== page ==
“We did the Betsy Ross float last year, and we’d decided to do it again,” Cozzens told Cedar City News. “When I heard that they were going to cancel the parade, I went and talked to the mayor and said even if our family has to build a float and drive it down the streets of Cedar City, we’re going to have a parade.”
Cozzens said Cedar City Mayor Maile Wilson-Edwards was receptive to the idea of making sure the parade could still happen.
“She was great. She just said, ‘Let’s do it. Let’s have a parade,’” Cozzens said.
The addition of the historical floats has elevated Cedar’s parade to one of the top Independence Day parades in the state, Cozzens said, if not the best.
“The parade was so amazing last year,” he said. “And with everybody being locked up and cooped up, I think we need a parade. I think we need to do it. It’s time. It’s important that we celebrate our independence and our freedoms.”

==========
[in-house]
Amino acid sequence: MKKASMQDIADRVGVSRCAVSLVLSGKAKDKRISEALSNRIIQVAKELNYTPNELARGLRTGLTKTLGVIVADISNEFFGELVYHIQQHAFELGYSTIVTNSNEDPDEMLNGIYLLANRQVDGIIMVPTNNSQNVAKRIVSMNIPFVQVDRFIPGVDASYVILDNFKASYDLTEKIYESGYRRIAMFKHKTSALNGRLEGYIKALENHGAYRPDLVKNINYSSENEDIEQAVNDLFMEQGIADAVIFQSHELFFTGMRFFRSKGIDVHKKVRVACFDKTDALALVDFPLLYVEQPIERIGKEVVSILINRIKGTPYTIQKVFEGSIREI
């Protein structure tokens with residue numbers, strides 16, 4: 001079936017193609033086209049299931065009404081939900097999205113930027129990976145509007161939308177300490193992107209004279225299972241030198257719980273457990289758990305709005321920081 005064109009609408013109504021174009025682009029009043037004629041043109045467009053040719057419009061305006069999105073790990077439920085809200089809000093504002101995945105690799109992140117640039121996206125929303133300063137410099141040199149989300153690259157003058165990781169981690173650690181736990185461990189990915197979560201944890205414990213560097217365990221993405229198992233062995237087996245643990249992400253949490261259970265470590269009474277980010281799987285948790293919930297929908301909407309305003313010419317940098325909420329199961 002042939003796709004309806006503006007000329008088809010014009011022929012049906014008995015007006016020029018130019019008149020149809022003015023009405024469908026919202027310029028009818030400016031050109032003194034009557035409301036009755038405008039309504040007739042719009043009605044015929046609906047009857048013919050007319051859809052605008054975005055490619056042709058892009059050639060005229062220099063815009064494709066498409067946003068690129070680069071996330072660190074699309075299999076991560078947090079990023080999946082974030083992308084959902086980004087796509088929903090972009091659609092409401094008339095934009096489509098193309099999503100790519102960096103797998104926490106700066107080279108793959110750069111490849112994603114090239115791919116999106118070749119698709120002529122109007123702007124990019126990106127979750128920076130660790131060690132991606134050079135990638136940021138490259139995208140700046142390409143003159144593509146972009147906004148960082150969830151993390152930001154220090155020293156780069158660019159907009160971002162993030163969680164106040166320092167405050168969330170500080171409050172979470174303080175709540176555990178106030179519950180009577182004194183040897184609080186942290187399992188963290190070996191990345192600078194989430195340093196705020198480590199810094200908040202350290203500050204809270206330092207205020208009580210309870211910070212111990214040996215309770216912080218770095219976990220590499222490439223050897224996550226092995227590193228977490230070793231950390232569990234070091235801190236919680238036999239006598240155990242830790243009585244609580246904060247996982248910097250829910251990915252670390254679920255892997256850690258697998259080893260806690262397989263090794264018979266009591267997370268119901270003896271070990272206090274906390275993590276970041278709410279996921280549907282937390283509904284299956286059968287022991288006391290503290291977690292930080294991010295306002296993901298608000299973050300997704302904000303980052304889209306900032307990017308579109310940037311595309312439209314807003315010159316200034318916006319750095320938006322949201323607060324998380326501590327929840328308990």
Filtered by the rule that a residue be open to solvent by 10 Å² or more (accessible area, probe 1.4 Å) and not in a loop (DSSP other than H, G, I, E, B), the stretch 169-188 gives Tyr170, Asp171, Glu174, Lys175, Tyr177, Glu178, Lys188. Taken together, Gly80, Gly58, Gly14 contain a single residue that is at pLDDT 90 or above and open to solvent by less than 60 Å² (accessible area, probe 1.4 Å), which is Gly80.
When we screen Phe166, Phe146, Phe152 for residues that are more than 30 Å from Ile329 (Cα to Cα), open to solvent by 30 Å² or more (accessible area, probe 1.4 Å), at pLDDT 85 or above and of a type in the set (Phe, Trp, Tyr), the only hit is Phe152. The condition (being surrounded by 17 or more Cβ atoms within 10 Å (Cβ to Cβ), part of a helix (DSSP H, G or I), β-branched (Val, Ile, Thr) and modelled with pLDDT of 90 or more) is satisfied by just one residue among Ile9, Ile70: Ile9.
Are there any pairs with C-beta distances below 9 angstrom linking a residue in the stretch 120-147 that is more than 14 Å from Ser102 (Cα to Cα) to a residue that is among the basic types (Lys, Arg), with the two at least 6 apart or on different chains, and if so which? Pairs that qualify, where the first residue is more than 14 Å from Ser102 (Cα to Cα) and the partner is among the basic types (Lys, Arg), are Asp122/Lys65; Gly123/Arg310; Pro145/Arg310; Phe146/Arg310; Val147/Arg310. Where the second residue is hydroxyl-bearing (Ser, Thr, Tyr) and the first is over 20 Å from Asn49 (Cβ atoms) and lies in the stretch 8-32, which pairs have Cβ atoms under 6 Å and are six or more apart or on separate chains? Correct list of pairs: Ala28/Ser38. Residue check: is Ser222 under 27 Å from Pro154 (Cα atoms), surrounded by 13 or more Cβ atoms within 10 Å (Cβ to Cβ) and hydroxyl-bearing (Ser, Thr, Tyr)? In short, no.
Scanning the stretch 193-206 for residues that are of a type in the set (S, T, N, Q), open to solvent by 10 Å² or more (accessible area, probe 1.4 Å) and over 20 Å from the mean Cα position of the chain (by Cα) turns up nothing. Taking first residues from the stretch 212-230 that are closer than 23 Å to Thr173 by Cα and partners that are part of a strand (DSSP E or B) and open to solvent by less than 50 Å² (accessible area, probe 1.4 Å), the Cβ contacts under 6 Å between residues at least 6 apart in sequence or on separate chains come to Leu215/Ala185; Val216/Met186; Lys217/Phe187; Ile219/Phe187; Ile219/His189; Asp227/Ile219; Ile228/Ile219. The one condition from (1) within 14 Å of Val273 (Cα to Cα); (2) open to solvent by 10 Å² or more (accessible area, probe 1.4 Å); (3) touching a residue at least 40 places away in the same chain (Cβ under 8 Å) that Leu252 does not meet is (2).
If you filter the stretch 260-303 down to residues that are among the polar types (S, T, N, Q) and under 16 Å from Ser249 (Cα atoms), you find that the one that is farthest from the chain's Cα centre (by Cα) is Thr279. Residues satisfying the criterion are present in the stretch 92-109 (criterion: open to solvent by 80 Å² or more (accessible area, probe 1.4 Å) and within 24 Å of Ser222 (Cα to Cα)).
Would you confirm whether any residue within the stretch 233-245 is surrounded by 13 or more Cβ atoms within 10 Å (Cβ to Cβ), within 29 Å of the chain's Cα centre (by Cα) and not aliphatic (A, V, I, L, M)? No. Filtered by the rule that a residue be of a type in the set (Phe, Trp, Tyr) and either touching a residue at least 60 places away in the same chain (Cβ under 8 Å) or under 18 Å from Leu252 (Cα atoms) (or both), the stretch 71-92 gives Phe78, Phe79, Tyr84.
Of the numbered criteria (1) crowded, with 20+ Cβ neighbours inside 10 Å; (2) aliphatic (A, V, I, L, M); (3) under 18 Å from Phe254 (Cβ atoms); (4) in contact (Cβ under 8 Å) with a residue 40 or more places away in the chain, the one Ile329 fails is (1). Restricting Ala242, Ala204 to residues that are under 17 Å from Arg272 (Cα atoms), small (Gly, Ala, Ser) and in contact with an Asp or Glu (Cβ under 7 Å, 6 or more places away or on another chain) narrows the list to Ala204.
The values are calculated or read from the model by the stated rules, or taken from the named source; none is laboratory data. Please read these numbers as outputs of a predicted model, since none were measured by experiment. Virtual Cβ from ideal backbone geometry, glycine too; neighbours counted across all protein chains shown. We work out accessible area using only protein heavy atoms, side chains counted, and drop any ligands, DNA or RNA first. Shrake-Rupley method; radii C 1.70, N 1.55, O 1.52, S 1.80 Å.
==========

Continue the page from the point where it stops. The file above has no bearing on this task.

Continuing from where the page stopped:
Saturday’s parade, which is sponsored and organized by the local Lions Club, will feature approximately 50 entries, parade chairman Heather Carter told Cedar City News.
After the color guard, the first part of the parade will include the “Spirit of ‘76” floats, in addition to George and Martha Washington on horseback, a Revolutionary War-era fife and drum corps, plus a new youth flag brigade. The remainder of the parade will feature assorted entries from civic organizations and local businesses, along with veterans, rodeo queens, pageant royalty, school clubs, sports teams and dance groups. Lions Club members Dan and Vivian Boyle will serve as the parade’s grand marshals.
“This is a no-candy parade, so hopefully this will prevent many of the crowding issues we have had in the past,” Carter said. “We also ask that parents instruct their children to stay out of the road and to be respectful of other people’s social distancing.”
Along these lines, Carter said they are asking people to use common sense and practice social distancing.